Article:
I reckon that it is not a bad thing if someone who is controlling themselves and also it can take time to see if the person is trustworthy and also hope that people learn about the person and it can take strong will to do this as giving advice to someone who is struggling, can be a good thing and from someone who is having free will can seem strange to many people. I hope that people who have changed themselves around can give good advice to the ones who are struggling and also this can make the person look at how they are acting with others, and see the bad sides which can make them change their life around. It is good to hear a message from someone who has done a nice thing with their life and also it can motivate a person to change around and try and make good choices in their life which can motivate them to move ahead in their life.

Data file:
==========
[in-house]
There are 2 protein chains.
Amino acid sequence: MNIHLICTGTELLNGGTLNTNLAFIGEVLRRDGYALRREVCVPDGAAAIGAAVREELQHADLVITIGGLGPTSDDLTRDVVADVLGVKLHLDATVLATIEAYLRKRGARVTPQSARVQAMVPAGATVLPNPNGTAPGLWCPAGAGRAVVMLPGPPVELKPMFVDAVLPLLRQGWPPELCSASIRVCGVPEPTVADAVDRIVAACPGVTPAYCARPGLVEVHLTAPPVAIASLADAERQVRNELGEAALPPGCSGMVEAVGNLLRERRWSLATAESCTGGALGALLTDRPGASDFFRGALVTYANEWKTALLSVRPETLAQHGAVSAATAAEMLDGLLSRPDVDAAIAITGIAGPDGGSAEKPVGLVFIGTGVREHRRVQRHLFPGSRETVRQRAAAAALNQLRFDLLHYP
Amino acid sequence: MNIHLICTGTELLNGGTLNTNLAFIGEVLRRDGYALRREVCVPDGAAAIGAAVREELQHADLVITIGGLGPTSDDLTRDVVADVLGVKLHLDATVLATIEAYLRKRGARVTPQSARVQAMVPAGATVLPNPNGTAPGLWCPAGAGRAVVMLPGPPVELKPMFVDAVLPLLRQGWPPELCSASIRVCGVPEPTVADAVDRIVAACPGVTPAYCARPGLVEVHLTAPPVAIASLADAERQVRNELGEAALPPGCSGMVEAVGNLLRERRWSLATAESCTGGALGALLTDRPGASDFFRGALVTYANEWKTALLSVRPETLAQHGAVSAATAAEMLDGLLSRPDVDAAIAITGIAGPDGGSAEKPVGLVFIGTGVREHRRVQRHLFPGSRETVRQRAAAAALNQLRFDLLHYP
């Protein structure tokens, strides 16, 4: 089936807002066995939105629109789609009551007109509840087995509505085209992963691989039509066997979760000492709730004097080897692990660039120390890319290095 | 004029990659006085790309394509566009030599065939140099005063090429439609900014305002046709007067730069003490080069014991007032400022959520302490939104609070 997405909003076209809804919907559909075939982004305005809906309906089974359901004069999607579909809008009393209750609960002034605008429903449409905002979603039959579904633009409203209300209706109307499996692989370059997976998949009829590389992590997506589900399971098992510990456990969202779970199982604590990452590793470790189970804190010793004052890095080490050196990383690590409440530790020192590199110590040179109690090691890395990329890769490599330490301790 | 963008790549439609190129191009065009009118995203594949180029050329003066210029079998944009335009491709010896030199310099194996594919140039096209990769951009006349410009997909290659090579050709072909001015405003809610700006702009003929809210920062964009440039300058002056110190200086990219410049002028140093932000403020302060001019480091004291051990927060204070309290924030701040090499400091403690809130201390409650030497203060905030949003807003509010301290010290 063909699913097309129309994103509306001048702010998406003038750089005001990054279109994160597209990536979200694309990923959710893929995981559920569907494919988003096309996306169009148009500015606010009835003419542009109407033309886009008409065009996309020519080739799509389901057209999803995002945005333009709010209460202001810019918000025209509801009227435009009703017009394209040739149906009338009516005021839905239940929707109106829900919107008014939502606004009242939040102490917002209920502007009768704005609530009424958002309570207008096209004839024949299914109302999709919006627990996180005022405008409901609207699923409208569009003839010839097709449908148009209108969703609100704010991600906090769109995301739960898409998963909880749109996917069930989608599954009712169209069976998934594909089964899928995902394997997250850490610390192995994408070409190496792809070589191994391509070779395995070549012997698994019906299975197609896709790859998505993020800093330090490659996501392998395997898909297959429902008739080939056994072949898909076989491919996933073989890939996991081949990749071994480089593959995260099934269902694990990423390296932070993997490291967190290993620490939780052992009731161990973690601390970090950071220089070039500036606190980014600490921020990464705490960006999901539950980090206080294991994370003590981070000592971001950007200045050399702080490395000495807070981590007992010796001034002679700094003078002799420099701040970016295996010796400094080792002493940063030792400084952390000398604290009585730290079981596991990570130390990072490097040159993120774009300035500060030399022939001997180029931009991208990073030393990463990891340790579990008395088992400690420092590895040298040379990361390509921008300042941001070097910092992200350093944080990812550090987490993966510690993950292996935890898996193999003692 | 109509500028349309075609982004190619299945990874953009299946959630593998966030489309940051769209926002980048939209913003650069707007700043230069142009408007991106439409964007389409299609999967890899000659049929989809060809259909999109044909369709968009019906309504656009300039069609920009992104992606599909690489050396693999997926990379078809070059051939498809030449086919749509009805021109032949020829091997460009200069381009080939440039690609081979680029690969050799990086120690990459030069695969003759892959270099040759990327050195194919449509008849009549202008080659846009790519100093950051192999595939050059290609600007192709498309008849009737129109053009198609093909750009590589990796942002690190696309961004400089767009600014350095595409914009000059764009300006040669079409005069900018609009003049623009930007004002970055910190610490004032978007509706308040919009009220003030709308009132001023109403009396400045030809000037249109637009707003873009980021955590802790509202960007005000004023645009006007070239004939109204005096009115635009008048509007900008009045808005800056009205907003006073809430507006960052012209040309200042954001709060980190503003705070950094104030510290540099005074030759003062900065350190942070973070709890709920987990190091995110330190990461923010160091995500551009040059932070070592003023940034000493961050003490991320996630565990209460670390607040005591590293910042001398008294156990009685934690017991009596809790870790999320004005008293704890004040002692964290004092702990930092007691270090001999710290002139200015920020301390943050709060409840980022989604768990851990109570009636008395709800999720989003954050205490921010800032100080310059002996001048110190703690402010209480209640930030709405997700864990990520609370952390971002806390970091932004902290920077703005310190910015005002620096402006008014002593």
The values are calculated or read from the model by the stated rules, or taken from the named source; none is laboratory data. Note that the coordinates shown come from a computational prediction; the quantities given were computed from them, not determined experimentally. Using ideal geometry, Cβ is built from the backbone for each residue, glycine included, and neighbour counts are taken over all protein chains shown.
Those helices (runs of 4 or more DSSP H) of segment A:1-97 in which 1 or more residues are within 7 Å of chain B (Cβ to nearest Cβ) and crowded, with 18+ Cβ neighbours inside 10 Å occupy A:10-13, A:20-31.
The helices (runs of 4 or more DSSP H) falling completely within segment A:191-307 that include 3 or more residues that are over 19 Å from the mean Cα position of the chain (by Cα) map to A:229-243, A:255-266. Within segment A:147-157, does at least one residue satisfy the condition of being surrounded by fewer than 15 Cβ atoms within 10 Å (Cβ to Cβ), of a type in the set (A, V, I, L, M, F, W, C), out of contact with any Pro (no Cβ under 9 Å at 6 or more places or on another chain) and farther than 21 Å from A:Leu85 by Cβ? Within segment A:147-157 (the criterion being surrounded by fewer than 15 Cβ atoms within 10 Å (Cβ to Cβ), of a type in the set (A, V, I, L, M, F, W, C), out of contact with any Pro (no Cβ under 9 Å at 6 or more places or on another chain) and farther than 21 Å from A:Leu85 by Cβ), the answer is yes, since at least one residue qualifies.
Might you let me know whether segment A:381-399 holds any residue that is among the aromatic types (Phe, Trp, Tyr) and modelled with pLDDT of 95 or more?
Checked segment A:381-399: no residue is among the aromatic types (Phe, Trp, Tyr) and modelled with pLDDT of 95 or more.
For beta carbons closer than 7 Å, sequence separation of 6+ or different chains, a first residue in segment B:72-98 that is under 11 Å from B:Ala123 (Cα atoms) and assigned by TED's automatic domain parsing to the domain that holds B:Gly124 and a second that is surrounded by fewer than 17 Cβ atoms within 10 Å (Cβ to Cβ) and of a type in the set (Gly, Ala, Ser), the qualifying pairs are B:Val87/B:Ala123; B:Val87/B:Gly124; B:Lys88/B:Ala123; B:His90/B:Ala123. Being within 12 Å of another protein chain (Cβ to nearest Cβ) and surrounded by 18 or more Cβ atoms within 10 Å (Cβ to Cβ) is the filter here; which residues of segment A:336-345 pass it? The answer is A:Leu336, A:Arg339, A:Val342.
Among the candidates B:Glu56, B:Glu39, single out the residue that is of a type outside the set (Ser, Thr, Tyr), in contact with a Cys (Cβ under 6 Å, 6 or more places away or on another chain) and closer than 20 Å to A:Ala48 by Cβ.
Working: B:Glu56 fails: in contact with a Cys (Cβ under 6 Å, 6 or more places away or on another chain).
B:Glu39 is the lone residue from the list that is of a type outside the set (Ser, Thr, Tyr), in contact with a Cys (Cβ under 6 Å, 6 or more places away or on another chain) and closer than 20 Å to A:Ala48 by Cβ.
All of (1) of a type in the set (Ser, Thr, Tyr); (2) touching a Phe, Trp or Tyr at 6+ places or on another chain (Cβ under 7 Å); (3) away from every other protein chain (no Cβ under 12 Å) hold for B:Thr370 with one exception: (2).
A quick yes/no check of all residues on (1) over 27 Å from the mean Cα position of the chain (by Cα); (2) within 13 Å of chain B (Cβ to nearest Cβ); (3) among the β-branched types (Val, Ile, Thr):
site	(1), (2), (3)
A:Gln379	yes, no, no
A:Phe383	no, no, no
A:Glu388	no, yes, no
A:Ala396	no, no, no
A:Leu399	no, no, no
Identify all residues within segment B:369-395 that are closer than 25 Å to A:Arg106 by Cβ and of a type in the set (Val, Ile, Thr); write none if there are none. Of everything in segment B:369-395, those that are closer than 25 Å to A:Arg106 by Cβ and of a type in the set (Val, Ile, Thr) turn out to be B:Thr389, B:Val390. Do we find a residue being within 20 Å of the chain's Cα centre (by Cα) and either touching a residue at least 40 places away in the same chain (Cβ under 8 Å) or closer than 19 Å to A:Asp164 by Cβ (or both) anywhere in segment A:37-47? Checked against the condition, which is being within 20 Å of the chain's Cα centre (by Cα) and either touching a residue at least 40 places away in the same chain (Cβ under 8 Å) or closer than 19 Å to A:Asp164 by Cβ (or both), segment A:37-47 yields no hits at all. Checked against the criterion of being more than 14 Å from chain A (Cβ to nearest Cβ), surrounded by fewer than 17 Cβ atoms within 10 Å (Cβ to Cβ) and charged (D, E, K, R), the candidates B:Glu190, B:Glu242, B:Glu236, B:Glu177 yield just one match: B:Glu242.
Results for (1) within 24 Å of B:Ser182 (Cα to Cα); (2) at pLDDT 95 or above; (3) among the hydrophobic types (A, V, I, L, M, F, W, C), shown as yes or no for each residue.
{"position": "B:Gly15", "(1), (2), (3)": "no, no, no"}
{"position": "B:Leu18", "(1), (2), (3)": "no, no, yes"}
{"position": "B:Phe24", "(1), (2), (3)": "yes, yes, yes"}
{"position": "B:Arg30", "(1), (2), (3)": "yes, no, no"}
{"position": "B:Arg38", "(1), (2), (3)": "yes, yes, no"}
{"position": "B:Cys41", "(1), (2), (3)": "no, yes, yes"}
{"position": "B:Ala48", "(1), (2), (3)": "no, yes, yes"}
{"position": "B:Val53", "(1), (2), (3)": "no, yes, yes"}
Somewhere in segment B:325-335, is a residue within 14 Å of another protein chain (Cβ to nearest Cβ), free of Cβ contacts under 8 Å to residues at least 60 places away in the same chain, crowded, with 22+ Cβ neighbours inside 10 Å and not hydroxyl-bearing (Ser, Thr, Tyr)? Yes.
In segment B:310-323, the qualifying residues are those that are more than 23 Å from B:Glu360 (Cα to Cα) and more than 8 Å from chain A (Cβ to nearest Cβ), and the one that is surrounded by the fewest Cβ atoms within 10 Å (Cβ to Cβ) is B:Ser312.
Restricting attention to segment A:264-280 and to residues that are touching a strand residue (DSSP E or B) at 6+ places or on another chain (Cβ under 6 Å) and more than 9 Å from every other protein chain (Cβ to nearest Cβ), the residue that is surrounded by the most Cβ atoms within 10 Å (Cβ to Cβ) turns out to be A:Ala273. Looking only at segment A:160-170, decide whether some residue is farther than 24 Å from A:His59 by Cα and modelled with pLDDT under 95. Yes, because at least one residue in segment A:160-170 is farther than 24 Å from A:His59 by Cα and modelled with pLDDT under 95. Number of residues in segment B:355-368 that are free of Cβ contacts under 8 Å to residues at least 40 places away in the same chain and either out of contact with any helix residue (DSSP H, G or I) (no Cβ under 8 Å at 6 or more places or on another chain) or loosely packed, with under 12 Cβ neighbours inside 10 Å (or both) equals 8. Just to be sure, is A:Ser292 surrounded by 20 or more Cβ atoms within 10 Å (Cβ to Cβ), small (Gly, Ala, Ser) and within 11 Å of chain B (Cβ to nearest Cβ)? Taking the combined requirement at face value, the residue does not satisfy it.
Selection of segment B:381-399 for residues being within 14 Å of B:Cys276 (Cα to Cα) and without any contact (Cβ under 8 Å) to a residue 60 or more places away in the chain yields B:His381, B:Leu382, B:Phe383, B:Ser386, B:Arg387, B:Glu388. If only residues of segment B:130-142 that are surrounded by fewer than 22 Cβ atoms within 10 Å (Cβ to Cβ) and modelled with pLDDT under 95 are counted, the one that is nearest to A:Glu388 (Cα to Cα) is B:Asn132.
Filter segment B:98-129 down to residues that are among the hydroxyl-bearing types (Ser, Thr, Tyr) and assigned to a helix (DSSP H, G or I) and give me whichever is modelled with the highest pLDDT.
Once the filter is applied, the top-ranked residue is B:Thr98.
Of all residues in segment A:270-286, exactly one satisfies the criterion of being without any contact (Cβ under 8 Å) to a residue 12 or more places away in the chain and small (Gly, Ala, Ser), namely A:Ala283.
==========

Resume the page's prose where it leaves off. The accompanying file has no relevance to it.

4. Jasmine2015

    Jasmine2015 Community Champion

    Sometimes you are more willing to take advice from someone who was once in your shoes. A person who drinks alcohol occasionally might reach out to am alcoholic more successfully than a person who has never had a sip a day before in their life. Being able to drink and have self control is a much better role than drinking out of control while telling others what to do or simply talking out of ignorance.
  5. GettingBetter

    GettingBetter Senior Contributor

    The whole definition of addiction is that the drug/activity takes over your own will and self control. I'm not sure exactly what you are asking in this post? Are you trying to help an addict or is this just hypothetical?

    Either way something about your post rubs me the wrong way - as if you are saying some people have self control and addicts do not. It's not so black and white and if I were confronted with this attitude from someone who was trying to help, I wouldn't necessarily think they were a hypocrite, just that they don't understand what an addict goes through.
  6. Joyner